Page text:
Sunday, February 24, 2013

The secret life of Bobby Bunting

I can't lie: I love reading about oddballs and weirdos, and Bobby Bunting, the man-child who inhabits Peter Straub's novella, The Buffalo Hunter, fits the bill perfectly. If you're familiar with Straub's work (and shame on you if you're not), you'll undoubtedly know that The Buffalo Hunter first appeared in Straub's stellar short-fiction collection, Houses without Doors, which is also well worth your time. But this Bobby Bunting is quite a character. Thirty-five and fond of expensive suits, Bunting has a social life that makes him the envy of other men--well, mainly just Frank Herko, his shaggy-maned coworker at DataComCorp in New York. To hear Bobby tell it, he spends his nights and weekends dining at fancy restaurants and taking in fabulous Broadway plays, all arm-in-arm with his gorgeous Swiss girlfriend, Veronica, whom he hopes to marry soon. Now Frank's never met Veronica, nor have Bobby's parents, and there's a very good reason for that: she doesn't exist. Truthfully, Bobby leads a rather solitary life, hasn't dated since high school, and concocts such elaborate stories to keep himself walled off against the world and everyone in it, most of all his exasperated and overbearing parents, whom he hasn't seen in three years and has no intention of ever seeing again if he can help it. Even when Bobby is given the opportunity to go out on a date with a--gasp--real woman, his first in twenty years, he reacts as if he's just been offered a cyanide capsule. Oh, and then there's the baby bottle, or, as the story progresses and Bobby regresses, baby bottles. Yep, Bobby's got some serious issues, and as the line between fantasy and reality blurs, he increasingly finds himself living within his own liquor-fueled and literature-induced delusions, which in turn only exacerbates his strange behavior and deepens his exile from the world. To escape this exile, Bobby will have to break the twisted grasp his past has on him, but he doesn't seem to be up to the task: His childhood reached forth and touched him with a cold, cold finger. He could not survive it now, he could not even bear to witness a tenth of it. But neither could he live without it.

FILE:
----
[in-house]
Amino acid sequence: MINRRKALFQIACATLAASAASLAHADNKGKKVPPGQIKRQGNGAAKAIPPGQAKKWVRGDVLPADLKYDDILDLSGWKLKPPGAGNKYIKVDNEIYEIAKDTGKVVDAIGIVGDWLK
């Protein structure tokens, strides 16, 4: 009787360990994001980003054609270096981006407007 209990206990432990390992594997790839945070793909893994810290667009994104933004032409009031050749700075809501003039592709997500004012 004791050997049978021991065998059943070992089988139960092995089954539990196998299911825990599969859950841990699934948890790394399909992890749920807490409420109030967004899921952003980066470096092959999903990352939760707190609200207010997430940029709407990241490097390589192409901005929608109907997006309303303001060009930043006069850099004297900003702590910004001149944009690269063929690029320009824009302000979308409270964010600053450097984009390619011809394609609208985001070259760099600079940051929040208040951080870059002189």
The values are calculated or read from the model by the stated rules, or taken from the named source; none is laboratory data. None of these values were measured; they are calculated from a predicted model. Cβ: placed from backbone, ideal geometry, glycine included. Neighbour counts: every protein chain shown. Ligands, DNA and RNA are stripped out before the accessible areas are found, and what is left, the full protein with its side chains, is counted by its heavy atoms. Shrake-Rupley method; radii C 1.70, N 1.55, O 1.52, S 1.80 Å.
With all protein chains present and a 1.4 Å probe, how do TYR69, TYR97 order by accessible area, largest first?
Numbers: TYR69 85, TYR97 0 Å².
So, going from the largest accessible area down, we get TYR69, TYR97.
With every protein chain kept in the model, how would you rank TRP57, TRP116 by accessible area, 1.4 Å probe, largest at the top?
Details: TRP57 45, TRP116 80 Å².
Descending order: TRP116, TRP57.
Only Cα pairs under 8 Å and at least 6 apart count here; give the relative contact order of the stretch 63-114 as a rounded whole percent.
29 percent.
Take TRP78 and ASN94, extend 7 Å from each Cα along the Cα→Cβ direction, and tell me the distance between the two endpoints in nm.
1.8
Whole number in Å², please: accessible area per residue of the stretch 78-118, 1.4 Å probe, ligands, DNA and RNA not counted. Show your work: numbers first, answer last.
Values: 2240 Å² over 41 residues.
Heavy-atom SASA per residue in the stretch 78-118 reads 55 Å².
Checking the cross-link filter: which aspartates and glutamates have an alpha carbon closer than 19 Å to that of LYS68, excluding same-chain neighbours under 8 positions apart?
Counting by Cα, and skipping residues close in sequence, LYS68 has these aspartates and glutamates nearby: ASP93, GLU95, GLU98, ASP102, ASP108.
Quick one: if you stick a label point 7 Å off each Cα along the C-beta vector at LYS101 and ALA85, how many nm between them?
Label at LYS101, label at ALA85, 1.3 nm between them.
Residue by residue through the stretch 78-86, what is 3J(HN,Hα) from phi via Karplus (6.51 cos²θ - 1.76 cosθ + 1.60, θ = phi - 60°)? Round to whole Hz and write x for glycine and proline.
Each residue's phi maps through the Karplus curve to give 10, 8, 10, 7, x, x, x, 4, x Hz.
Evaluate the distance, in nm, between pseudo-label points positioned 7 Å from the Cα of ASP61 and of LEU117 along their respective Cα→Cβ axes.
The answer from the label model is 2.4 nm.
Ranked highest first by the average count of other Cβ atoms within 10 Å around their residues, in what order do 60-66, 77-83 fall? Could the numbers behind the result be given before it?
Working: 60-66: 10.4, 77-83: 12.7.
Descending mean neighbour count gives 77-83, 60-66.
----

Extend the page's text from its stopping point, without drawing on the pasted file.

As always, Peter Straub shocks and disturbs. The Buffalo Hunter is available now at the library.

No comments: